On the 16th of June 1948 three British plantation managers were murdered in two separate incidents in Perak which led to the British enacting emergency measures two days later (18th) for Perak only. This was widened to include all of Malaya in July as the insurgency escalated.
The Malayan Emergency was declared on 18 June 1948, after three estate managers were murdered in Perak, northern Malaya, by guerrillas of the Malayan Communist Party (MCP), an outgrowth of the anti-Japanese guerrilla movement which had emerged during the Second World War. Despite never having had more than a few thousand members, the MCP was able to draw on the support of many disaffected Malayan Chinese who were upset that British promises of an easier path to full Malayan citizenship had not been fulfilled. The harsh post-war economic and social conditions also contributed to the rise of anti-government activity.
The Malayan government was slow to react to the MCP at first and did not appoint a director of operations to counter the insurgency until March 1950. The new director planned to address the underlying economic, social, and political problems facing the Chinese community while, at the same time, bringing government control to the fringe areas where the MCP received much of its support. Before this plan was fully implemented, however, the situation deteriorated further with the assassination of the British High Commissioner in October 1951. The attack galvanised British resolve to meet the threat posed by the MCP; the Malayan government, in turn, stepped up counter-insurgency measures. Prolonged operations were undertaken against the communists in an effort to destroy their base of support in local communities and to drive them into the jungle, where it would be difficult for them to receive supplies from supporters.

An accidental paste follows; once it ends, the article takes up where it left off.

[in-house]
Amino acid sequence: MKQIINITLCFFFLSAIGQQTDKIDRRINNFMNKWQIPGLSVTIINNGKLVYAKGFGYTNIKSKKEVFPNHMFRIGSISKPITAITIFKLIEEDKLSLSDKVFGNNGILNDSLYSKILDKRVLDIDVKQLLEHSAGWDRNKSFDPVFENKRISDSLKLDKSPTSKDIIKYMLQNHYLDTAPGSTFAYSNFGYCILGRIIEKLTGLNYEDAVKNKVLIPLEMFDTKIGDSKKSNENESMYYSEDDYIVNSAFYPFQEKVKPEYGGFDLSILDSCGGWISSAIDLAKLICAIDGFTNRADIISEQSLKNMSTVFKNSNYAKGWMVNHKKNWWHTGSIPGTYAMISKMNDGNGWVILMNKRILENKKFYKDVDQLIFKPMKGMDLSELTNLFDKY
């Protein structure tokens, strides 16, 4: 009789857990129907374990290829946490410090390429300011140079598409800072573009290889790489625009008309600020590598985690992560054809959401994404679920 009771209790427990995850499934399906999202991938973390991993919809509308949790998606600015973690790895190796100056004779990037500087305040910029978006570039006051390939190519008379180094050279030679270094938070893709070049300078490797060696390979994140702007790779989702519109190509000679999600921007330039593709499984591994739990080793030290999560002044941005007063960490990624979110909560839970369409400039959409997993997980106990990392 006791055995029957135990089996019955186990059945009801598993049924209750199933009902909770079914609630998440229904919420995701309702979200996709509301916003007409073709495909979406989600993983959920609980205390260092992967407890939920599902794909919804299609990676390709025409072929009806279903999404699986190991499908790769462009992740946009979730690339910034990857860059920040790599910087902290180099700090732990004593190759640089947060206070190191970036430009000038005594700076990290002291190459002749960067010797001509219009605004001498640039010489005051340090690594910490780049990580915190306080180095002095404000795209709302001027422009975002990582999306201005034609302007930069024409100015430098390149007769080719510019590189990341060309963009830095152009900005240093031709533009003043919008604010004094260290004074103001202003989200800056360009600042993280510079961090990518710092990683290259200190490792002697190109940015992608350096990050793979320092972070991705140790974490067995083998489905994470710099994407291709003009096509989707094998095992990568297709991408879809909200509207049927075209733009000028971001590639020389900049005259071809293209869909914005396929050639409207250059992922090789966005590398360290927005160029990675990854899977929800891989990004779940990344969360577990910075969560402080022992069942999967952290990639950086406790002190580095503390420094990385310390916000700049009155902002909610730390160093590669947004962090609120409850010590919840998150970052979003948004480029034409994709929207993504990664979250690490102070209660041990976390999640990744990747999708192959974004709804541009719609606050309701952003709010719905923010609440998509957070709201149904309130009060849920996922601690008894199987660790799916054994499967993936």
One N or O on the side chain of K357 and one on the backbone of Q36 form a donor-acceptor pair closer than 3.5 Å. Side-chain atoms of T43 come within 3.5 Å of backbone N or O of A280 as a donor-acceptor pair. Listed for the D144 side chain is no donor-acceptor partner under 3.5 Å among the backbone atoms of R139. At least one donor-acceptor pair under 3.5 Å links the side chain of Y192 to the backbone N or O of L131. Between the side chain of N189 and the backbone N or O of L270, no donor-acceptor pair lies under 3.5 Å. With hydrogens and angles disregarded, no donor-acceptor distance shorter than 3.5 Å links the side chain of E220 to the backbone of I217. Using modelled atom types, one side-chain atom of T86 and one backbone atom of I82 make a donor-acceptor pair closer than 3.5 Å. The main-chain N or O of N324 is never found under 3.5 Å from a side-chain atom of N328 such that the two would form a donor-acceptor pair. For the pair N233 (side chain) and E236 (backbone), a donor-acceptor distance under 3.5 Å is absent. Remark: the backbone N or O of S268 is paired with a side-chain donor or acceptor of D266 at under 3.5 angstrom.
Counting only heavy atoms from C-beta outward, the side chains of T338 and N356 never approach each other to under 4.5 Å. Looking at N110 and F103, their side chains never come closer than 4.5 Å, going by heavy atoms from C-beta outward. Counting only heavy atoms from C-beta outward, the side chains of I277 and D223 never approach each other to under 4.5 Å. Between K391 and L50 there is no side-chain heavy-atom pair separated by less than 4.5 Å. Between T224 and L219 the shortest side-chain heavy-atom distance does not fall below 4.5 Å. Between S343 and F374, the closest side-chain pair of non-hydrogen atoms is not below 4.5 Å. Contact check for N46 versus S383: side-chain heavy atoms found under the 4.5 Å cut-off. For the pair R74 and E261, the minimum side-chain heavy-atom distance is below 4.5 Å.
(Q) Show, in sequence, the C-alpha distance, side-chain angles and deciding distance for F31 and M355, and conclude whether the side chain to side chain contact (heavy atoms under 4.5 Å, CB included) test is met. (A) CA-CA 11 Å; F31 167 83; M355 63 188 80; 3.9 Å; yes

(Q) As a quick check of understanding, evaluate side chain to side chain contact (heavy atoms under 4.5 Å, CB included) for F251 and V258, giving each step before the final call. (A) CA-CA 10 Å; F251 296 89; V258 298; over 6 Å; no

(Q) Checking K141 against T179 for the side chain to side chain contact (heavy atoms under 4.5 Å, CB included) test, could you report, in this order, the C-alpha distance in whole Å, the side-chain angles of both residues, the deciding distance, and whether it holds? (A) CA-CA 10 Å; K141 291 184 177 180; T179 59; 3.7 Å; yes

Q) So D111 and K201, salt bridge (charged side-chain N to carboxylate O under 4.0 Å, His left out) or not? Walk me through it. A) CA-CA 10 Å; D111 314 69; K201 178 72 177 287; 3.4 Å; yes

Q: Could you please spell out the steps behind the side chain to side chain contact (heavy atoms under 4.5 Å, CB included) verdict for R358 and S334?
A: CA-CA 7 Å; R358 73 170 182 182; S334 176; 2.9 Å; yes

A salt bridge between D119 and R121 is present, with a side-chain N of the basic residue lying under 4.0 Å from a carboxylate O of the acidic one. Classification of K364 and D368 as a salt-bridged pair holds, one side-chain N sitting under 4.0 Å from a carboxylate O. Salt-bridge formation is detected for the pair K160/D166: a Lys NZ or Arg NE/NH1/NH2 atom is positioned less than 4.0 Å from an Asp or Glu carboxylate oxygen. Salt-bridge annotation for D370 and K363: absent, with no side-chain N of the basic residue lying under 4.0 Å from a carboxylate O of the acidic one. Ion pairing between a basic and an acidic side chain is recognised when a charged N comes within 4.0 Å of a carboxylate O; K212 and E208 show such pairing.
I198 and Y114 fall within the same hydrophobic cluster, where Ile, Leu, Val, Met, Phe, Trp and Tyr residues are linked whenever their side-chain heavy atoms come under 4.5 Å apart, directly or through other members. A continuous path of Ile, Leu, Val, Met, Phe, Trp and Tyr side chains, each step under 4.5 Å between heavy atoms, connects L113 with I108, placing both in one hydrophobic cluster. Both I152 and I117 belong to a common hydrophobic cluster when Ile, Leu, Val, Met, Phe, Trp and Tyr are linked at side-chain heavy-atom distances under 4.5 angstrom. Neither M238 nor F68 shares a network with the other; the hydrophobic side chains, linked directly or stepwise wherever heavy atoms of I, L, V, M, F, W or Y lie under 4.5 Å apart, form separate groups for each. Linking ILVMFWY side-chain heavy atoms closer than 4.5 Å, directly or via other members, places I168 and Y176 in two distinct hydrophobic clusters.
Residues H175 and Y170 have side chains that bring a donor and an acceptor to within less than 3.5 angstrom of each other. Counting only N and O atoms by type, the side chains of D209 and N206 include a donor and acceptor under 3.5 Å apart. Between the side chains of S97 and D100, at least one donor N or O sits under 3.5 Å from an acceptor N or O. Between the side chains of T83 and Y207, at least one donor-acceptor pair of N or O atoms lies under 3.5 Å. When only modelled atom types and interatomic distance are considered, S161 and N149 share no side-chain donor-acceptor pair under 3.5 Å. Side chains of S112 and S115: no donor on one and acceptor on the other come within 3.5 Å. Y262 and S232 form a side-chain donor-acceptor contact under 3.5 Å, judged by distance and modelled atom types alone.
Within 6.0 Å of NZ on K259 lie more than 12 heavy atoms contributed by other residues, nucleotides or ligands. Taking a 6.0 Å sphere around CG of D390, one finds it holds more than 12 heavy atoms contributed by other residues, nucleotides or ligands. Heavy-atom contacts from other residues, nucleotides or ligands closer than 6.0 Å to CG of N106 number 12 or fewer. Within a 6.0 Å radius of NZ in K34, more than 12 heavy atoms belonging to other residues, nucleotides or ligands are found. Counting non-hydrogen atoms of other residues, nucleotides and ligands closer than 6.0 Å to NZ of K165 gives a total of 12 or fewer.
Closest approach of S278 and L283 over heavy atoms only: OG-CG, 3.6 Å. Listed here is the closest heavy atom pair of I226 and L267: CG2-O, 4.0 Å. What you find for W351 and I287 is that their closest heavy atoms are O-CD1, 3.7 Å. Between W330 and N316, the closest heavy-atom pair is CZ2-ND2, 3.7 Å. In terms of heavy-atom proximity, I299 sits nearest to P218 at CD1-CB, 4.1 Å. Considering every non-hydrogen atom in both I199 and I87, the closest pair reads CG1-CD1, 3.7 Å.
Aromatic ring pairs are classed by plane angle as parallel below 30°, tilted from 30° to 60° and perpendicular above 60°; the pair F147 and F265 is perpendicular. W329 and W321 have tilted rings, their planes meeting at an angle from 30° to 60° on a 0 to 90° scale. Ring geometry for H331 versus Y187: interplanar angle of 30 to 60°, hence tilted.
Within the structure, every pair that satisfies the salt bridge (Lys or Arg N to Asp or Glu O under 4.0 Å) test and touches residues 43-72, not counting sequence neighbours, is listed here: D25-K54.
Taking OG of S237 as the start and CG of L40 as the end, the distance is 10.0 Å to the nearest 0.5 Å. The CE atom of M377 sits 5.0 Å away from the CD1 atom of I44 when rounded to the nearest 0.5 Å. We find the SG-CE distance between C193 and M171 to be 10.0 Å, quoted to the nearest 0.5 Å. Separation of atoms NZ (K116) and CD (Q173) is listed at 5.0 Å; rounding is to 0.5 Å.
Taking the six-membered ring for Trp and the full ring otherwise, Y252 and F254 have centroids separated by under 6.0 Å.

Australia's involvement began in 1950 with the arrival of RAAF aircraft and personnel in Singapore. Dakotas from 38 Squadron were deployed on cargo runs, troop movements, and paratroop and leaflet drops in Malaya, while six Lincoln bombers of 1 Squadron provided the backbone of aerial operations. As the capacity of army and police units operating against the communists improved, however, the need for air power decreased, and by 1952 Lincolns were increasingly used as part of combined air-ground assaults against the communists. One of the major military successes of the conflict was one such coordinated operation in July 1954, east of Ipoh, in Perak state. In Operation Termite, as the exercise was known, five RAAF Lincolns and six from a RAF squadron made simultaneous attacks on two communist camps, followed by paratroop drops, a ground attack, and further bombing runs ten days later. The operation destroyed 181 camps and killed 13 communists; one communist surrendered.